Most households do not give much thought to their home’s intricate electrical system until there is a problem of some kind. Your home’s electrical system is a precise network of wires, currents and outlets, resulting in seamless access to energy to power everything from appliances to lighting.
Unless you are a professional electrician, turn most of your household electrical problems over to an expert. However, you can solve some of the most common household electrical problems and take care of them yourself. It is important to remember that when you are fixing your home electrical problems is to remember, safety first!
Electricity is a big part of our everyday life. With its constant presence, it is helpful to be reminded of its potential dangers to ensure that you are always safe, regardless of how much electricity you use.
It is easy to become complacent about electricity. However, as accustomed to electricity as people have become, electrocutions still rank 4th in the cause of industrial fatalities. A shock as low as 600 volts can cause death and the National Safety Council has estimated that around 600 people are killed each year due to electrical accidents.
Light bulbs burn out often
The average light bulb lasts for 750 to 1,000 hours and the most common reason for early failure is incorrect wattage for the light fixture. If you use light bulbs that are too tall, it can cause the bulbs to burn out faster. When the light bulb gets too hot, the heat cannot be dissipated and the bulb connectors become stressed and eventually fail.
Solution: Check each light fixture to ensure that the bulbs you are using are the correct wattage and do not exceed in order to extend the life of each light bulb. Cheap light bulbs can also contribute to the problem, because the filaments inside are not as safe or of high quality.
Dead electrical outlets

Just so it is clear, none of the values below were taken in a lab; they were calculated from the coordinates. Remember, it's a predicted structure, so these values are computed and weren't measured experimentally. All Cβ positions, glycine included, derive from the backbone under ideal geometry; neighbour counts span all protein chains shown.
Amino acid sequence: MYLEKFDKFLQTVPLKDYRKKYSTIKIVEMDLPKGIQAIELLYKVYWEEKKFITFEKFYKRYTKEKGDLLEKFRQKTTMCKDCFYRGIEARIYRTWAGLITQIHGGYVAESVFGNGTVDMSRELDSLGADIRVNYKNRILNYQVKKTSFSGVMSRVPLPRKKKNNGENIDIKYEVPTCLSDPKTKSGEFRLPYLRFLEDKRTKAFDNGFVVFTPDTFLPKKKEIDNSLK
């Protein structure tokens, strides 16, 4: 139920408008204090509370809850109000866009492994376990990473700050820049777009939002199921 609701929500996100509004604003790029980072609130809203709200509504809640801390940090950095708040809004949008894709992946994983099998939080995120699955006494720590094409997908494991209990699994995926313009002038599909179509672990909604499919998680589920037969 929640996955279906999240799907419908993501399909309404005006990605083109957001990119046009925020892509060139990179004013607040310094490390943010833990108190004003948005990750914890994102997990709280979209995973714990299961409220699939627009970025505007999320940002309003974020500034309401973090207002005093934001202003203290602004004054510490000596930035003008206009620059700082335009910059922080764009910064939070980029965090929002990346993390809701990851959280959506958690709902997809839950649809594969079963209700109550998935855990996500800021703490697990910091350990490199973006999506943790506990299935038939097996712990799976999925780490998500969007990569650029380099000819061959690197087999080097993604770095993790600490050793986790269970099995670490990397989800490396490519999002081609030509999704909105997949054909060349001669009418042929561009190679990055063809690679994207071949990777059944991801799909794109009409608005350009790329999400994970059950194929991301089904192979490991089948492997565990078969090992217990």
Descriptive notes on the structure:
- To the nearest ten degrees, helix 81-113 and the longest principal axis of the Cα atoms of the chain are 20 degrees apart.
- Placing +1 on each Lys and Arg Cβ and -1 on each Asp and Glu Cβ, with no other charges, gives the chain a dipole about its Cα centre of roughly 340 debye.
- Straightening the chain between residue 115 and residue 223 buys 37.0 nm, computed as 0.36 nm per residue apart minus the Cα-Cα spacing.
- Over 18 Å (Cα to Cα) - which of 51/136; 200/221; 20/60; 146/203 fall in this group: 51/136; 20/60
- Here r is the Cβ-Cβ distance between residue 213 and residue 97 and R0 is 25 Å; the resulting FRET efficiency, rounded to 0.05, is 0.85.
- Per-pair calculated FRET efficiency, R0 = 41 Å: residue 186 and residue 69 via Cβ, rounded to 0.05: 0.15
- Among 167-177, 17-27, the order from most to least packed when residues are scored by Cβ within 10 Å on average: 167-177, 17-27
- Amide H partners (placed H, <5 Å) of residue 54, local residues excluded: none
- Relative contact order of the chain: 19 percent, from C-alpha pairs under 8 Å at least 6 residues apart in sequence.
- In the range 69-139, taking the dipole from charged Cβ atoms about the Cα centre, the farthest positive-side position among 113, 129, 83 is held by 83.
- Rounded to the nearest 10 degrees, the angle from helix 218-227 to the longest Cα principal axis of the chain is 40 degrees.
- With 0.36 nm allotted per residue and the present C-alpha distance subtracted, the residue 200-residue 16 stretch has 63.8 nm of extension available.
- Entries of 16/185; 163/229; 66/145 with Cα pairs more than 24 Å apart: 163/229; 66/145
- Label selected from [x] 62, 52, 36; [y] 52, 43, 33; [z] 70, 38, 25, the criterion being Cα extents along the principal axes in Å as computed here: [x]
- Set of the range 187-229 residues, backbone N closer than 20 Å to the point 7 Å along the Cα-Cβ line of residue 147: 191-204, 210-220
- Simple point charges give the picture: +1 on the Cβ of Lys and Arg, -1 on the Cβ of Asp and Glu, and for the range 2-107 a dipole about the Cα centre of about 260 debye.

When an electrical outlet doesn’t work, don’t assume faulty wiring is the cause without testing a few simple fixes. Most outlets in kitchens and bathrooms are connected to a GFCI, or ground-fault interrupter, which is installed in areas where there is potential for water to come into contact with plugged in equipment. You can recognize a GFCI outlet because it has two buttons in the center of the plug, labeled “Test” and “Reset.” Note that the GFCI may be located in a different room than the dead outlet, such as in a basement, garage or utility room.
Solution: Find the GFCI outlet and try resetting it by pressing the button labeled “Reset.” The button should snap into place when working properly. Plug a small appliance into the dead outlet to make sure it works. If the dead outlet still doesn’t work, check the breaker box to see if someone is tripping. Reset the breaker, then reset the GFCI and retest the outlet.
Flickering bulbs in recessed lighting fixtures is another common electrical problem. Each enclosed device is designed with thermal sensors to cut off when the canister gets too hot, preventing overheating. Once the canister cools, power is restored. If your recessed light smokes or works intermittently, it usually means it’s getting too hot, triggering a cut-out.
Solution: Make sure all bulbs are tight in the sockets, as expansion and contraction due to heat can cause a loose bulb to flicker. Or, try installing a lower wattage light bulb in the recessed light canisters to reduce heat. Check that the style of light bulb is appropriate for the device. Use an Aluminized Parabolic Reflector, or PAR-style bulb, designed to project heat out of the open end of the canister.
Peter Wilson, of Hedgehog Electric, has more than a decade of experience in home improvement—from design and DIY projects to construction and renovation. If you need an electronics expert, visit Hedgehogelectric.com for a free consultation.